Since we conclude that the evaluation failed to reasonably assess the relative merits of the proposals here, we need not review in detail KCA's claim that the Army failed to hold meaningful discussions. Discussions cannot be meaningful unless an offeror is advised, in some way, of the weaknesses, excesses, or deficiencies in its proposal that must be addressed in order for the offeror to be in line for award; an agency may not mislead an offeror, through framing discussion questions, into responding in a manner that does not address the agency's concerns. E.L. Hamm & Assocs., Inc., B-250932, Feb. 19, 1993, 93-1 CPD Para. 156. Here, because the evaluation methodology failed to rationally identify areas of relative weakness in the proposals, it was inevitable that the protester was misled into focusing on areas that were of lesser importance in terms of the impact upon its own evaluation. Thus, we find that the errors in the evaluation ultimately impacted the agency's ability to properly advise offerors of the weaknesses and deficiencies in their proposals.
Conflict of Interest
KCA alleges that Mitchco should be disqualified from consideration for award of this contract because the awardee's project manager was, in KCA's view, a procurement official for this contract, in violation of the procurement integrity provisions of the Office of Federal Procurement Policy (OFPP) Act, 41 U.S.C. 7 423 (1988 and Supp. Ill 1991). In addition, KCA claims that Mitchco's contract manager and office manager were former employees of Fort Knox who had access to the IGE, and that Mitchco's owner is a retired procurement official with ties to source selection officials and members of the SSEB.
As an initial matter, while we recognize that the evaluation methodology used here would make knowledge of the government estimate especially useful, there is no evidence that anyone at Mitchco had impermissible access to procurement sensitive information. In addition, to the extent that KCA began its protest by claiming that the agency was biased in favor of Mitchco, we have found no evidence of any such bias. In fact, while we find the evaluation scheme unreasonable, its application was so mechanical as to preclude any attempt to favor one offeror over another in the evaluation process.
With respect to Mitchco's project manager, there is no evidence that this individual violated any of the procurement integrity restrictions set forth in the OFPP Act. While Mitchco and the Army admit that Mitchco's project manager participated personally and substantially in the preparation of the statement of work used in the predecessor contract for these food services at Fort Knox, the record shows that this individual retired from the government afterwards, and there is no evidence in the record that he had any involvement with the instant procurement. In addition, the record shows that the statement of work has changed since the earlier contract, and SSEB members testified that they prepared the present statement of work in the Spring of 1993, after the departure of Mitchco's project manager.
Based on the record before us, we also conclude that none of the other individuals mentioned by Mitchco had access to the IGE, or other procurement sensitive information. For example, while Mitchco's office manager was the Army secretary who typed portions of the solicitation and statement of work, this material was later provided to all offerors. There has been no showing that this individual participated in any meaningful way in the development or drafting of these materials, or that she typed the government estimate. Finally, the owner of Mitchco retired from the Army 10 years ago, and, the agency advises, was never a procurement official. Thus, we conclude that the Army reasonably determined that there is no basis for disqualifying Mitchco from the competition.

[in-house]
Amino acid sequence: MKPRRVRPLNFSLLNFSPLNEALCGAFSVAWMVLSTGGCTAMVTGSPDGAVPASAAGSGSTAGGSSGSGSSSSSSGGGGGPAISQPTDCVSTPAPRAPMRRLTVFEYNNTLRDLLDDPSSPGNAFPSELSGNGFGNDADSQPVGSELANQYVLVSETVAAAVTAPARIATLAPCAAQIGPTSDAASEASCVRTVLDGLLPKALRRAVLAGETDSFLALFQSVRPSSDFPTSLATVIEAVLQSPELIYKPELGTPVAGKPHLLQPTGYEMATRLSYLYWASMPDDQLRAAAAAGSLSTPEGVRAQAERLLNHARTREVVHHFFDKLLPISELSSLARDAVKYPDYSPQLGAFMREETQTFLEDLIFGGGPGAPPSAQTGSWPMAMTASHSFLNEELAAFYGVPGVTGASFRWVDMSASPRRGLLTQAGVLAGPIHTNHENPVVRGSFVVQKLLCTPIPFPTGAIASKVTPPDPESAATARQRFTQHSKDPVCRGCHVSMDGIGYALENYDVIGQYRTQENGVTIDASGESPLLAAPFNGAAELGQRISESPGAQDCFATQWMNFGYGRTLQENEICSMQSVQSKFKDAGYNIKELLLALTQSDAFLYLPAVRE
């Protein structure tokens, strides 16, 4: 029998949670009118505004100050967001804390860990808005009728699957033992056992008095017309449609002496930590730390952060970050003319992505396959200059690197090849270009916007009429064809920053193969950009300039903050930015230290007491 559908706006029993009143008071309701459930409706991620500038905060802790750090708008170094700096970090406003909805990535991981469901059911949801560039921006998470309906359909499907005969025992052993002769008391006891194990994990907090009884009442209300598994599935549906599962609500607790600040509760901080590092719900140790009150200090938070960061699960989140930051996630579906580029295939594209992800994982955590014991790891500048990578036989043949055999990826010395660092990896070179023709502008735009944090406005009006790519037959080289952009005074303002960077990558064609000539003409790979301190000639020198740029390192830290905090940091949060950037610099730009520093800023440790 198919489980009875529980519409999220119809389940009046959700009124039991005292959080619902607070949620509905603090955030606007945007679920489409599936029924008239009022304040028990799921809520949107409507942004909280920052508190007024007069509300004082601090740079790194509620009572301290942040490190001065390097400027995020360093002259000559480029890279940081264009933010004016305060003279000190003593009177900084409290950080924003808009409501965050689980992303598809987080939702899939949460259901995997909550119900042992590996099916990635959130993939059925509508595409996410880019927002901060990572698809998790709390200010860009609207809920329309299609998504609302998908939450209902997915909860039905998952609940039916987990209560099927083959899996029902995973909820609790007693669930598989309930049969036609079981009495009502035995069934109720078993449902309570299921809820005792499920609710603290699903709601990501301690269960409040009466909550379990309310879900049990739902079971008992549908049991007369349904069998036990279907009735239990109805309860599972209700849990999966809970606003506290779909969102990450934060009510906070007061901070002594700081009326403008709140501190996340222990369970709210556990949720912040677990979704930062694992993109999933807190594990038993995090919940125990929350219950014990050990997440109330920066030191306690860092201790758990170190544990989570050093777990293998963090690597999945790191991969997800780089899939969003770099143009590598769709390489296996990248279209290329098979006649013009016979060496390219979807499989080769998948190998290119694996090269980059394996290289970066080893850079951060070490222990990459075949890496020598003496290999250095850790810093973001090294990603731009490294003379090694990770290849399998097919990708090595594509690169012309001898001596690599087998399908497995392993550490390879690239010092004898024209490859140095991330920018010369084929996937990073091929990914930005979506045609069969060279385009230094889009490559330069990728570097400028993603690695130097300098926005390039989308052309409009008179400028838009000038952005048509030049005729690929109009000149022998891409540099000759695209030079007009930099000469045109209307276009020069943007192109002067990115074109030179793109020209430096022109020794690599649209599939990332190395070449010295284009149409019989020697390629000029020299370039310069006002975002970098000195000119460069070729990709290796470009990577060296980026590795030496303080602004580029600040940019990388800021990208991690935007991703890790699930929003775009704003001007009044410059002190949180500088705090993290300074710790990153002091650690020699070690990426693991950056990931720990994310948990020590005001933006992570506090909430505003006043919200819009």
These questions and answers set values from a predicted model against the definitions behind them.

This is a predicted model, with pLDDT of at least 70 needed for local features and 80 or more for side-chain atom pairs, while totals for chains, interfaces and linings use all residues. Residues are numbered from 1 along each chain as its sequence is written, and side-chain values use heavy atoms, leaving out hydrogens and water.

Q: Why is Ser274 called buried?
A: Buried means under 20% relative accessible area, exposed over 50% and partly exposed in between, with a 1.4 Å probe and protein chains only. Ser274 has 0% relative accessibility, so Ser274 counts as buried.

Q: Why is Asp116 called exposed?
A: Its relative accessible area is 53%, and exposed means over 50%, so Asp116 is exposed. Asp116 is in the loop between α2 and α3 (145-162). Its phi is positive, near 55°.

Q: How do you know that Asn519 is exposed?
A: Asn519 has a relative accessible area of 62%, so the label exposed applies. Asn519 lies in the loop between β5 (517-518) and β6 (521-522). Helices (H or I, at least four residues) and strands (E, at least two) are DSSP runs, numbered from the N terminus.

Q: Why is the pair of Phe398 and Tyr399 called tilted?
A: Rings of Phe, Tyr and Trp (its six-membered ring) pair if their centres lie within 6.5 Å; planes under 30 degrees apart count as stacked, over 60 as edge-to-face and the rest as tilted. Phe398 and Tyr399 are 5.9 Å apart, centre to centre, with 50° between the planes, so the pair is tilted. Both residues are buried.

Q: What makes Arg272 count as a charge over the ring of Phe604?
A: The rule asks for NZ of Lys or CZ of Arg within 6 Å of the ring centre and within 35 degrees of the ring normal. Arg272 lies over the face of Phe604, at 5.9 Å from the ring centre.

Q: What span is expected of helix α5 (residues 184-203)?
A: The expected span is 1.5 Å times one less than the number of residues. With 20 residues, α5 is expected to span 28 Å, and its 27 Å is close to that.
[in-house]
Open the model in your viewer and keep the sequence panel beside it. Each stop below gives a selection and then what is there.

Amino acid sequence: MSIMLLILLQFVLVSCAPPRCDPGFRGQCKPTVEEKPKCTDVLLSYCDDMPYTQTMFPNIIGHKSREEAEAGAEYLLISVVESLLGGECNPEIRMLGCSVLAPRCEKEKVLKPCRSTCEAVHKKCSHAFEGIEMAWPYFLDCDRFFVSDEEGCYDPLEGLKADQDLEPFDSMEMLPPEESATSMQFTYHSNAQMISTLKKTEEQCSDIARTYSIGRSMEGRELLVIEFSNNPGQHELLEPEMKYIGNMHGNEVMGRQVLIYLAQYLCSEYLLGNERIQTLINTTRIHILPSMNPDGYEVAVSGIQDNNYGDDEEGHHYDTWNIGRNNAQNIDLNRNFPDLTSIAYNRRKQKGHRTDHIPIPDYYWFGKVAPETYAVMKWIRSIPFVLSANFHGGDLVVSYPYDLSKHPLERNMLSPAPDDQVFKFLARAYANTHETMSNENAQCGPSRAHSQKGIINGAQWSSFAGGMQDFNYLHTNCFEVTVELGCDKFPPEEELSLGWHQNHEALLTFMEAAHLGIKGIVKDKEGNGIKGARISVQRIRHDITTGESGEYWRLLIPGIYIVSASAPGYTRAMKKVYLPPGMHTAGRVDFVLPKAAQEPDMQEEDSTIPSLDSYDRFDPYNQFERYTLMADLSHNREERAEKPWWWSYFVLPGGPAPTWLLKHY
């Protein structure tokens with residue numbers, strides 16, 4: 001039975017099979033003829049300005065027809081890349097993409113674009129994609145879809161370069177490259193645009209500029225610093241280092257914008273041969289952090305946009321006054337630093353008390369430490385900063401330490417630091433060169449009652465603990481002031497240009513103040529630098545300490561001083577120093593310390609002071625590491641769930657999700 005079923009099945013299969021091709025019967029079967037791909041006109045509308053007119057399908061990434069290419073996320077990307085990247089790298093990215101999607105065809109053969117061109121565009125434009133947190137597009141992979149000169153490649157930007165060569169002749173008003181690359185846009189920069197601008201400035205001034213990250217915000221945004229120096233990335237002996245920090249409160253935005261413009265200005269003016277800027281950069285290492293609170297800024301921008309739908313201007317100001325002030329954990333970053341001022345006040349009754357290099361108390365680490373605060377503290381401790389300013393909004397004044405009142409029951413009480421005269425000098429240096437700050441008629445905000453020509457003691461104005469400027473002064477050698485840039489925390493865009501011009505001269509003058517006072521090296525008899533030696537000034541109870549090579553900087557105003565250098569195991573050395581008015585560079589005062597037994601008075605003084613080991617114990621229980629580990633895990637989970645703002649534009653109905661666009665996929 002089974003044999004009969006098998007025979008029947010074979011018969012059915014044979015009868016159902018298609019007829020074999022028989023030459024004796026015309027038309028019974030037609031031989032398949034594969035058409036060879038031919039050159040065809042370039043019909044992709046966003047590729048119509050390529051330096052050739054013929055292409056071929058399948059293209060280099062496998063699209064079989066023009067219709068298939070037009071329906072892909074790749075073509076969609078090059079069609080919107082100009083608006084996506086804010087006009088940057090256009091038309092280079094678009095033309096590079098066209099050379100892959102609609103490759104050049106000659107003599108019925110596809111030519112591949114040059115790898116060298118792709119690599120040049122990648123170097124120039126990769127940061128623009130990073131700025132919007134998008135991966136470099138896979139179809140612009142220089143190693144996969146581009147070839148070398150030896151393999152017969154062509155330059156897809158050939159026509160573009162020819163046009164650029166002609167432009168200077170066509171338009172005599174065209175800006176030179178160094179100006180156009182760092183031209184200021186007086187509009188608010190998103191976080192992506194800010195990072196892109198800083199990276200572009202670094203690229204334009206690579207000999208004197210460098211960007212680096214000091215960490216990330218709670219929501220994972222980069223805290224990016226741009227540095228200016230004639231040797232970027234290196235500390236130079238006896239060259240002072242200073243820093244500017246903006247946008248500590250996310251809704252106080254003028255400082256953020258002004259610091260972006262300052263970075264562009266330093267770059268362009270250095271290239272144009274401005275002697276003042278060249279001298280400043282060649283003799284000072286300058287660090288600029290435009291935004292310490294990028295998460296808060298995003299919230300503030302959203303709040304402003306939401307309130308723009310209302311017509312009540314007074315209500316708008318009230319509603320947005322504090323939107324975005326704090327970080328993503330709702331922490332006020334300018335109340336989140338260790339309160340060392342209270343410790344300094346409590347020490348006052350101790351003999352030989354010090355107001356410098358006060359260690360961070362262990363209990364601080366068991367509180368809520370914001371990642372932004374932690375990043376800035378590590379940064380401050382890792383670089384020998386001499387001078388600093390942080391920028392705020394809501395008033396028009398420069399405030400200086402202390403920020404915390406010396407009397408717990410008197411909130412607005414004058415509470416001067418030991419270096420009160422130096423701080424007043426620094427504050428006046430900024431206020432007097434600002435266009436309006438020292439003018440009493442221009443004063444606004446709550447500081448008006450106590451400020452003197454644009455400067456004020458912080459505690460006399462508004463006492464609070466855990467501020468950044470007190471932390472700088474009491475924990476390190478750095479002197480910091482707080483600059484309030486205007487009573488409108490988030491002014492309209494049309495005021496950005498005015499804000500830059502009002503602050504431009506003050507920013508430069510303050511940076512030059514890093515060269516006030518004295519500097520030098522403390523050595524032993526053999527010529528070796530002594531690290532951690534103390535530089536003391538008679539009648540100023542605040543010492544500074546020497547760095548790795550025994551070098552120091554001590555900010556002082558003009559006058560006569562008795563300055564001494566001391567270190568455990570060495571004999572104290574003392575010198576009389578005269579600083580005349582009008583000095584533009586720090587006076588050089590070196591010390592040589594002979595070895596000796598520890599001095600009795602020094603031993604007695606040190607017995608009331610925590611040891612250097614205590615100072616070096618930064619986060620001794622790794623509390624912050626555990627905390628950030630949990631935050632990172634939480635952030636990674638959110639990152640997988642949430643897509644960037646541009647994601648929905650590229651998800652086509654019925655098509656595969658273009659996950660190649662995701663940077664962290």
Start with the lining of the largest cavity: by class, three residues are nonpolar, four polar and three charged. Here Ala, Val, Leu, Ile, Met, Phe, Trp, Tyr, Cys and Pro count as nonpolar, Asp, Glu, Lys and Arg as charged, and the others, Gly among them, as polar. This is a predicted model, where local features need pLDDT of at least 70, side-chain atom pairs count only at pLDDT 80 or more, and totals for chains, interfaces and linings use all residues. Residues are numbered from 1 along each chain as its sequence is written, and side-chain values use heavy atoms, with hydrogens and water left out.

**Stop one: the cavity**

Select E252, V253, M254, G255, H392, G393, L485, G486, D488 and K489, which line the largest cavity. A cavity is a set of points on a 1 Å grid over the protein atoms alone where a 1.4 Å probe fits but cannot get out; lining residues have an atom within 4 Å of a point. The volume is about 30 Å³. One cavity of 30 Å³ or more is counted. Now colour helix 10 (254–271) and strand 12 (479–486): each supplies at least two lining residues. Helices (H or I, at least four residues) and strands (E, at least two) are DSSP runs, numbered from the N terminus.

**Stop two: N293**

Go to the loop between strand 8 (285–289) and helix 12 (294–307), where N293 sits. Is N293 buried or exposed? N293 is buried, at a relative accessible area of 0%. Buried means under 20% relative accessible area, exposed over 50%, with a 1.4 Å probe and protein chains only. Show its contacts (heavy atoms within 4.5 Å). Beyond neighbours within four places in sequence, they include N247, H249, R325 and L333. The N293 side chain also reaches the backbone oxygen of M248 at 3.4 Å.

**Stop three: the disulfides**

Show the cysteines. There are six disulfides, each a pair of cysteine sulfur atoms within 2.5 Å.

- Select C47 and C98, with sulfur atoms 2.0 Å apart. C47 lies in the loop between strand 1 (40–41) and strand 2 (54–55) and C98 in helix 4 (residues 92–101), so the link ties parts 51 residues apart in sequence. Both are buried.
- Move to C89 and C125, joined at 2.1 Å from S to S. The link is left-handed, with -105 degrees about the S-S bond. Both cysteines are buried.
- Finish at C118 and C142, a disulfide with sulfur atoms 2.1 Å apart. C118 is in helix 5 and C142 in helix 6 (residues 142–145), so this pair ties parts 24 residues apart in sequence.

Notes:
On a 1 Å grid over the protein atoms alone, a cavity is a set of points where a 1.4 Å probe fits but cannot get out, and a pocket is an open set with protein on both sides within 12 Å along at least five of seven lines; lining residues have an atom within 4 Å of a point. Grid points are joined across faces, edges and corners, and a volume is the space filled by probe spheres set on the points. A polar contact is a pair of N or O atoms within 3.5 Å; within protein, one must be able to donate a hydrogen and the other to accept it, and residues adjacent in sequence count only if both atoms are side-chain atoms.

CONCLUSION AND RECOMMENDATION
For the reasons stated above, we find that the Army's evaluation here failed to provide a meaningful assessment of the relative strengths and weaknesses of the competing proposals. Our review of the evaluation, together with the RFP's request for unique and innovative proposals and its stated preference for the offer most advantageous to the government, leads us to recommend that the Army revise its evaluation scheme and reevaluate the proposals, holding discussions and obtaining revised proposals if necessary. The agency should then make award to the offeror whose proposal best meets the requirements set forth in the RFP. We also find that the protester is entitled to recover its costs of filing and pursuing these protests, including reasonable attorneys' fees. 4 C.F.R. Sec. 21.6(d) (1993). KCA should submit its detailed and certified claim for such costs to the agency within 60 days of receipt of this decision.
The protest is sustained.
1. In some cases the RFP required separate operational plans for the same building where the building has different operational needs on weekdays than it does on weekends or holidays. Other buildings simply required operation 7 days per week.
2. The table, at page 34a of the 55P, ends with a percentage deviation of 51.00 percent, which receives a score of 0.
3. "First cooks" have overall supervisory authority.
4. During the hearing held in connection with this protest the evaluators who prepared the government staffing estimate testified that the estimate was a minimum acceptable level of staffing. As KCA points out, the agency then unreasonably evaluated proposals as if excess staffing to meet contingencies would jeopardize a contractor's ability to accomplish the statement of work.
5. The protester also alleged that a source selection official had a close family member who worked for a firm affiliated with or controlled by Mitchco. The contracting officer, who was the source selection official, has stated that she has no family members who work for such a firm, and the protester has provided no more details regarding the allegation.